}
}

This will exclude files D.java, E.java from the jar file. Run the gradle task using command gradle -q createExcludingFiles. The Jar file created will have the following files.

META-INF/
META-INF/MANIFEST.MF
main/
main/java/
main/java/com/
main/java/com/ekiras/
main/java/com/ekiras/demo/
main/java/com/ekiras/demo/A.java
main/java/com/ekiras/demo/C.java
main/java/com/ekiras/demo/F.java
main/java/com/ekiras/demo/B.java
main/java/com/ekiras/demo/p1/
main/java/com/ekiras/demo/p1/X.java
main/java/com/ekiras/demo/p1/Z.java
main/java/com/ekiras/demo/p1/Y.java
test/
test/java/
main/resources/
test/resources/

Exclude Package in Jar file

task createExcludingPackage(type :Jar){
    from ('src'){
        excludes = ["main/java/com/ekiras/demo/D.java" ,"main/java/com/ekiras/demo/p1/**"]
    }
}

Run the task using command gradle -q createExcludingPackage. This will remove

  1. All the files from package p1
  2. Class D.java

The Jar file created will have the following files.

META-INF/
META-INF/MANIFEST.MF
main/
main/java/
main/java/com/
main/java/com/ekiras/
main/java/com/ekiras/demo/
main/java/com/ekiras/demo/A.java
main/java/com/ekiras/demo/E.java
main/java/com/ekiras/demo/C.java
main/java/com/ekiras/demo/F.java
main/java/com/ekiras/demo/B.java
test/
test/java/
main/resources/
test/resources/

How to name a Jar file

Lets take the following jar file for explaning the jar naming conventions.

customName_wrapper_2.0.1_SNAPSHOT.jar

A jar file has the following properties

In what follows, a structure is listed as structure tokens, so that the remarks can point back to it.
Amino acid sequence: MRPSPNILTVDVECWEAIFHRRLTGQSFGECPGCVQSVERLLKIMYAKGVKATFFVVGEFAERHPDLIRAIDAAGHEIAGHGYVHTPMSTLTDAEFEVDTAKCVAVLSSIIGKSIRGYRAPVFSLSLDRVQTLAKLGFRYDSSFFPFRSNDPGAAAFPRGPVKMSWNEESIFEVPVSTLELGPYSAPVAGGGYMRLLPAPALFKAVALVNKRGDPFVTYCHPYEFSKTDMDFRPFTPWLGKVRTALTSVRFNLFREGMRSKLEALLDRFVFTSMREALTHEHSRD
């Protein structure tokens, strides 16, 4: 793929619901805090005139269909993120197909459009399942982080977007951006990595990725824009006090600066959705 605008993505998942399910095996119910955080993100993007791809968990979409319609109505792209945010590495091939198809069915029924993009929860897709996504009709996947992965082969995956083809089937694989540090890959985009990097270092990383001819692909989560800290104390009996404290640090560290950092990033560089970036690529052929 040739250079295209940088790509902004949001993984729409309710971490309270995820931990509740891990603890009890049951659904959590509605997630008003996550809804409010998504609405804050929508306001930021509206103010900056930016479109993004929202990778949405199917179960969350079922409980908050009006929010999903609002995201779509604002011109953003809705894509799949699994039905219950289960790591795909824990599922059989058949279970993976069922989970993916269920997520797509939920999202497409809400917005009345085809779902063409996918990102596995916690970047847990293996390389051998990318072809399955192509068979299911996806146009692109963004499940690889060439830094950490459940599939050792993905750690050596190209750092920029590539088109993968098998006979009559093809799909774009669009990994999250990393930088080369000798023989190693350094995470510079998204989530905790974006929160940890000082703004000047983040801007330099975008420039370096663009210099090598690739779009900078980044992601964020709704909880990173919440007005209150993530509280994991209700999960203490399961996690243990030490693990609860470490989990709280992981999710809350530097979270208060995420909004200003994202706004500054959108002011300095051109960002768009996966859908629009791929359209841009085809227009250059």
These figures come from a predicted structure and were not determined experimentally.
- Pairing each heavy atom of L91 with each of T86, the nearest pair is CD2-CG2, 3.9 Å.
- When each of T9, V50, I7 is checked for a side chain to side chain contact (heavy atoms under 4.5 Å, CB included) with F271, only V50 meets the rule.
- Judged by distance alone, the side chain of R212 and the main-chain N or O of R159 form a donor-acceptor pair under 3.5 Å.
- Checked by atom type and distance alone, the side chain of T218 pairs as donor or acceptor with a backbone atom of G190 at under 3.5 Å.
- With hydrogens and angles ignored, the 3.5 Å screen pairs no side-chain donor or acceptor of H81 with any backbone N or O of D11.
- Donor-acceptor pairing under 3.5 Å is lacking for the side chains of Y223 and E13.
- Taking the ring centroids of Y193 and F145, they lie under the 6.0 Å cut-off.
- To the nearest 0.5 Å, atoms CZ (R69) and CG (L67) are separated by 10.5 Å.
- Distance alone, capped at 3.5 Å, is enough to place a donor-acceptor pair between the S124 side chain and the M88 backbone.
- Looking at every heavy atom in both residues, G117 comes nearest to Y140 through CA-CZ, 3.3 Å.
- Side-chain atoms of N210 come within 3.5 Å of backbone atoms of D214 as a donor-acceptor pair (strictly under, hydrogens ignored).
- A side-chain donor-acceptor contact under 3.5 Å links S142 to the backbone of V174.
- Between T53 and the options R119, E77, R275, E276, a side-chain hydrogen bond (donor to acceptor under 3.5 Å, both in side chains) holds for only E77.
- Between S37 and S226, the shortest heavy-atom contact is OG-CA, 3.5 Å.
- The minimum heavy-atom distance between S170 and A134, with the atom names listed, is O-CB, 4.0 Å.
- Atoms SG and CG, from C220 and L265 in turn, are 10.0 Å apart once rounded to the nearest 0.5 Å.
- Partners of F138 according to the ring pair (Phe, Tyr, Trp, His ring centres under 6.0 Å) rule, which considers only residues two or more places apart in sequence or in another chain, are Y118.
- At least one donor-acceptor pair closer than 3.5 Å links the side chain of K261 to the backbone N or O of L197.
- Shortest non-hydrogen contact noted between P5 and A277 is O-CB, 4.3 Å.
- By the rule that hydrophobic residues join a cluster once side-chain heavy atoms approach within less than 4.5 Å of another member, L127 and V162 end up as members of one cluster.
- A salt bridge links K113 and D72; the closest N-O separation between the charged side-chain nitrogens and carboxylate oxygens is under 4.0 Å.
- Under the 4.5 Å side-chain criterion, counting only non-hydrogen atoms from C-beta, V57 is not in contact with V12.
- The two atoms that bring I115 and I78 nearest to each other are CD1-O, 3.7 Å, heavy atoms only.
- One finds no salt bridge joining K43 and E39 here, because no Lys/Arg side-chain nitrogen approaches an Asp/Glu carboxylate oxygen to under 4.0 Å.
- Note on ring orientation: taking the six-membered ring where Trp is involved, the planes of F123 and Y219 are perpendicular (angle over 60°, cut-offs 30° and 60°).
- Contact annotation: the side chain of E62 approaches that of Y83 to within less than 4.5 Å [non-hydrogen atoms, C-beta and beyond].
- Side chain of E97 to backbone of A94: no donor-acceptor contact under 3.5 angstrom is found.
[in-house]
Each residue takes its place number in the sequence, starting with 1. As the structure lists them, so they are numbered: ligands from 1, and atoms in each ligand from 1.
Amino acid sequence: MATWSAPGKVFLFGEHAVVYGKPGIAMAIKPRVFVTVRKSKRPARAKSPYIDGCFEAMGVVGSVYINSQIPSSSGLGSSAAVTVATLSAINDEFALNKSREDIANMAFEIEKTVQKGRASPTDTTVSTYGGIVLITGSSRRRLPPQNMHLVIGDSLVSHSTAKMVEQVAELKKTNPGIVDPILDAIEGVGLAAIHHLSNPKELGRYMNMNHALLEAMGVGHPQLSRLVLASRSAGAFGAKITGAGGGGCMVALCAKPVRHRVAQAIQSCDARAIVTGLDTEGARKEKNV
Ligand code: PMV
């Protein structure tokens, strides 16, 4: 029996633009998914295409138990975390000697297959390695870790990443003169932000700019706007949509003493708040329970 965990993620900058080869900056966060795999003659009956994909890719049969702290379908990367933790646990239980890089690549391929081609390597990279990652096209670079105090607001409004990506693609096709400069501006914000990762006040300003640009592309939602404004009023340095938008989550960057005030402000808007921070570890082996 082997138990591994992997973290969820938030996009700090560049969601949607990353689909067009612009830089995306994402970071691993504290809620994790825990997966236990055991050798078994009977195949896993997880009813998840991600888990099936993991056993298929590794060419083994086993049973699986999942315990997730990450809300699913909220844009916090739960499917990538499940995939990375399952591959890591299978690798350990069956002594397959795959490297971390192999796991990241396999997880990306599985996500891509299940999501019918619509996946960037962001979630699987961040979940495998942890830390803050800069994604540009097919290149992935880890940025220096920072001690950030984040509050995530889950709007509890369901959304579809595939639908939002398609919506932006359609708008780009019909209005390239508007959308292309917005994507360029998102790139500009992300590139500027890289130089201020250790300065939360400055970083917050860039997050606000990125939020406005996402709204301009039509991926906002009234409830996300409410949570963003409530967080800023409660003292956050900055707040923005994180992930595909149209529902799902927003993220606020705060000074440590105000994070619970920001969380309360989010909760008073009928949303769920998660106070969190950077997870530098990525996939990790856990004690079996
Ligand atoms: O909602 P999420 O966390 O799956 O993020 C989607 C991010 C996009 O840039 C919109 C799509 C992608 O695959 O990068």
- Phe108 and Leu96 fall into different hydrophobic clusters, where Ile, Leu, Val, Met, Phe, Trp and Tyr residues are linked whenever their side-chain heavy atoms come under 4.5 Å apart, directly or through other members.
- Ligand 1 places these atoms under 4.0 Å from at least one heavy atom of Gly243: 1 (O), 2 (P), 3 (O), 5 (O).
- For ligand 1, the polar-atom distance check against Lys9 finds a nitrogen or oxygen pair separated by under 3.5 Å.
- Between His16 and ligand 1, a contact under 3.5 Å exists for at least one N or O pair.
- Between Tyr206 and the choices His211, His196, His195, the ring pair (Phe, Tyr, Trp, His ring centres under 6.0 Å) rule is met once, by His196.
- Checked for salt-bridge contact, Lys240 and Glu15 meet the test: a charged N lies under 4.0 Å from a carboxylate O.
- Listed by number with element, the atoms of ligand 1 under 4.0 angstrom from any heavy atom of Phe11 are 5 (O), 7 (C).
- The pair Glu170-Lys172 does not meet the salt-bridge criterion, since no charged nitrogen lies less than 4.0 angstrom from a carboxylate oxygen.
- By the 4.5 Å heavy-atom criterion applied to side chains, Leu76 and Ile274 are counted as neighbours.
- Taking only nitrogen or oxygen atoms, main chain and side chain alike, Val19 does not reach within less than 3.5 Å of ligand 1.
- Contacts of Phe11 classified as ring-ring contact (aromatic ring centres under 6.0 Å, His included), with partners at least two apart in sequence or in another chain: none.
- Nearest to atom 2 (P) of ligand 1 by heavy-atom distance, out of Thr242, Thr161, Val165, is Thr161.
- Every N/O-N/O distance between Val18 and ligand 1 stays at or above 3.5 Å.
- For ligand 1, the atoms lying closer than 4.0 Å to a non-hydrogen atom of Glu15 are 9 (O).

Property Description
baseName customName
appendix wrapper
version 2.0.1
classifier SNAPSHOT
archiveName -

Here property archiveName if specified will override all the other naming conventions like baseName etc. It should be a fully qualified name of the Jar including the extension (.jar)

Other Properties of Gradle Task :: Jar

Property Description
destinationDir Destination where jar is to be created
manifest Include Manifest file
from Directory from where files are to be read

Creating a Jar file

Let's assume the following directory structure

Project Structure

Create a Jar file with all files.

We can write a gradle task to include all files in src to our jar file as follows

task createAll(type : Jar){
    from 'src'
}

When we run the gradle task as gradle -q createAll will give the following files in the jar

META-INF/
META-INF/MANIFEST.MF
main/
main/java/
main/java/com/
main/java/com/ekiras/
main/java/com/ekiras/demo/
main/java/com/ekiras/demo/D.java
main/java/com/ekiras/demo/A.java
main/java/com/ekiras/demo/E.java
main/java/com/ekiras/demo/C.java
main/java/com/ekiras/demo/F.java
main/java/com/ekiras/demo/B.java
main/java/com/ekiras/demo/p1/
main/java/com/ekiras/demo/p1/X.java
main/java/com/ekiras/demo/p1/Z.java
main/java/com/ekiras/demo/p1/Y.java
test/
test/java/
main/resources/
test/resources/

Create a Jar file from a Package.

task createFromPackage(type : Jar){
    from ("src/main/java/com/ekiras/demo/p1")
}

Run the above task with command gradle -q createFromPackage, it will give the following files in jar.

META-INF/
META-INF/MANIFEST.MF
X.java